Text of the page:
Jump to Main Content
Drawing a line in the sand: Effectiveness of off-highway vehicle management in California's Sonoran desert
- Custer, Nathan A., DeFalco, Lesley A., Nussear, Kenneth E., Esque, Todd C.
- Journal of environmental management 2017 v.193 pp. 448-457
- Gopherus agassizii, all-terrain vehicles, compliance, conservation areas, ephemeral streams, hydroxyl radicals, issues and policy, landscapes, monitoring, public lands, recreation, recreational vehicles, roads, spring, tortoises, vegetation, wildlife habitats, wildlife management, winter, California, Mojave Desert, Sonoran Desert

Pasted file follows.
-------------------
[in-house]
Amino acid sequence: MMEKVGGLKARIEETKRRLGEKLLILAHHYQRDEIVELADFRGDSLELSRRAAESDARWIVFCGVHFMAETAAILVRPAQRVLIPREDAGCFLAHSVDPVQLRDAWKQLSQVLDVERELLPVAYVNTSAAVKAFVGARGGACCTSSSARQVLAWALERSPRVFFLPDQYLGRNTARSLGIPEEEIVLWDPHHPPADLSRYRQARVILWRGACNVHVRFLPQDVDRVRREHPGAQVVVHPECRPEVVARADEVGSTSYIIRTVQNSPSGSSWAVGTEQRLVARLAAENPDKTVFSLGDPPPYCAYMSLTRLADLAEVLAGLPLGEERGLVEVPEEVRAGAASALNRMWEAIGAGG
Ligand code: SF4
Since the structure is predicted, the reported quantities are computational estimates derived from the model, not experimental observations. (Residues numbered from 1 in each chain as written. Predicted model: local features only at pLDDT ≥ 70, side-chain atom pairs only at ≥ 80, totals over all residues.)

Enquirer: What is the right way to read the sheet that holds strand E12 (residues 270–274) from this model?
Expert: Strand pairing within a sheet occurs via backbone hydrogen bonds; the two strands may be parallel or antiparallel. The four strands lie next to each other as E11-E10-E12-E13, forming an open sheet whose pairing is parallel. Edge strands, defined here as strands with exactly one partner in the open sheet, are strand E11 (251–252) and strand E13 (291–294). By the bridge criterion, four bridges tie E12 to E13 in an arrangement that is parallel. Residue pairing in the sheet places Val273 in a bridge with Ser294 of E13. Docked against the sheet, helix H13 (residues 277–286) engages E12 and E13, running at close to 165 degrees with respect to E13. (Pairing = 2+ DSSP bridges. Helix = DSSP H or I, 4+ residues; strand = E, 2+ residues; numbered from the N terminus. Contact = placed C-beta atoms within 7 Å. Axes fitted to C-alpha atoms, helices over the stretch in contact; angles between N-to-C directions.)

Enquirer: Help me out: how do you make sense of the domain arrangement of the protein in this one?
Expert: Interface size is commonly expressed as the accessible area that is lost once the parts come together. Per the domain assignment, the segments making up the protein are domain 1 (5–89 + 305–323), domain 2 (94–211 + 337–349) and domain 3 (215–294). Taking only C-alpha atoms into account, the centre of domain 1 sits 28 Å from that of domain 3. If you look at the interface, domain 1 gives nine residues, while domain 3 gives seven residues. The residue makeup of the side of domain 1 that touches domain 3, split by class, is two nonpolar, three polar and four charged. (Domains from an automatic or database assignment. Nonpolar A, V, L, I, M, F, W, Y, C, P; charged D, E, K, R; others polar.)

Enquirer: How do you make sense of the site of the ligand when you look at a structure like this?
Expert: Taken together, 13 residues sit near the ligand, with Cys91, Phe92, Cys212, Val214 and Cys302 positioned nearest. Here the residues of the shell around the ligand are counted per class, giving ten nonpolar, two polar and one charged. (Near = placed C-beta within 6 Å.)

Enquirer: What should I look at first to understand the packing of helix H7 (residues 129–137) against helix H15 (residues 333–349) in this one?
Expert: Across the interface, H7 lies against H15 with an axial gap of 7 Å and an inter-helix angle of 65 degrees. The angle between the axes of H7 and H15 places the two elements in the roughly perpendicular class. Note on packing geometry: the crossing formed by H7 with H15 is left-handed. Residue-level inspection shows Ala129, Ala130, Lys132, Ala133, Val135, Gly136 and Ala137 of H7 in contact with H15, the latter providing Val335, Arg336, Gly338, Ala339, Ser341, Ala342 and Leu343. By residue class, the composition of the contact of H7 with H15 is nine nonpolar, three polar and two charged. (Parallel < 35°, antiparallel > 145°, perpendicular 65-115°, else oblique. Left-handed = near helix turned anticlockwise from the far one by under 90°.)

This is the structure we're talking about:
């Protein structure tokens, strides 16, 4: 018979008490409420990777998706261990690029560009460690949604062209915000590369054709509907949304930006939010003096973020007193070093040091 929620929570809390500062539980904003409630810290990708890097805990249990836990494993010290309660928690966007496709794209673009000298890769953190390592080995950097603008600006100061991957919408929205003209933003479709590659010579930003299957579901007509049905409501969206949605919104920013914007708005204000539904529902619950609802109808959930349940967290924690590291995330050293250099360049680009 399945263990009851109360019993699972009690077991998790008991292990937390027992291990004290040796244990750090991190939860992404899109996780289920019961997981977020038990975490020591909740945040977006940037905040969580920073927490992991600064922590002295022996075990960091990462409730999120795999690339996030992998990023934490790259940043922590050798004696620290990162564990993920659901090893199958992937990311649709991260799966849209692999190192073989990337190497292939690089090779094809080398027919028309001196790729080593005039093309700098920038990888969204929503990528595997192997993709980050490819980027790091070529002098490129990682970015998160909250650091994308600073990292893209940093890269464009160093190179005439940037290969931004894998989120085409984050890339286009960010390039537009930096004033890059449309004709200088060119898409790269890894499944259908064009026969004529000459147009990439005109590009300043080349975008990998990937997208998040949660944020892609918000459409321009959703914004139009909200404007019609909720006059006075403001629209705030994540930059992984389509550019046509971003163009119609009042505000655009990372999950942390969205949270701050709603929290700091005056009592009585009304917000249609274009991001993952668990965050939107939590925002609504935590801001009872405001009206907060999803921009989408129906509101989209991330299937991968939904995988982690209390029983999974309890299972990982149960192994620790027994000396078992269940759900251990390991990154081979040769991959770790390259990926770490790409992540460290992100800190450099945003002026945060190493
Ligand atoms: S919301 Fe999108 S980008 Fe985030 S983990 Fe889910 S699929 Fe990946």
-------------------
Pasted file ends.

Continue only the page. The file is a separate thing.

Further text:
- Public land policies manage multiple uses while striving to protect vulnerable plant and wildlife habitats from degradation; yet the effectiveness of such policies are infrequently evaluated, particularly for remote landscapes that are difficult to monitor. We assessed the use and impacts of recreational vehicles on Mojave Desert washes (intermittent streams) in the Chemehuevi Desert Wildlife Management Area (DWMA) of southern California. Wash zones designated as open and closed to off-highway vehicle (OHV) activity were designed in part to protect Mojave desert tortoise (Gopherus agassizii) habitat while allowing recreation in designated areas. OHV tracks were monitored in washes located near access roads during winter and early spring holidays – when recreation is typically high – and at randomly dispersed locations away from roads. Washes near access roads had fewer vehicle tracks within closed than open zones; further away from roads, OHV tracks were infrequent and their occurrence was not different between wash designations. Washes were in better condition in closed zones following major holidays as indicated by less vegetation damage, presence of trash, and wash bank damage. Furthermore, the frequency of washes with live tortoises and their sign was marginally greater in closed than open wash zones. Collectively, these results suggest that low impacts to habitats in designated closed wash zones reflect public compliance with federal OHV policy and regulations in the Chemehuevi DWMA during our study. Future monitoring to contrast wash use and impacts during other seasons as well as in other DWMAs will elucidate spatial and temporal patterns of recreation in these important conservation areas.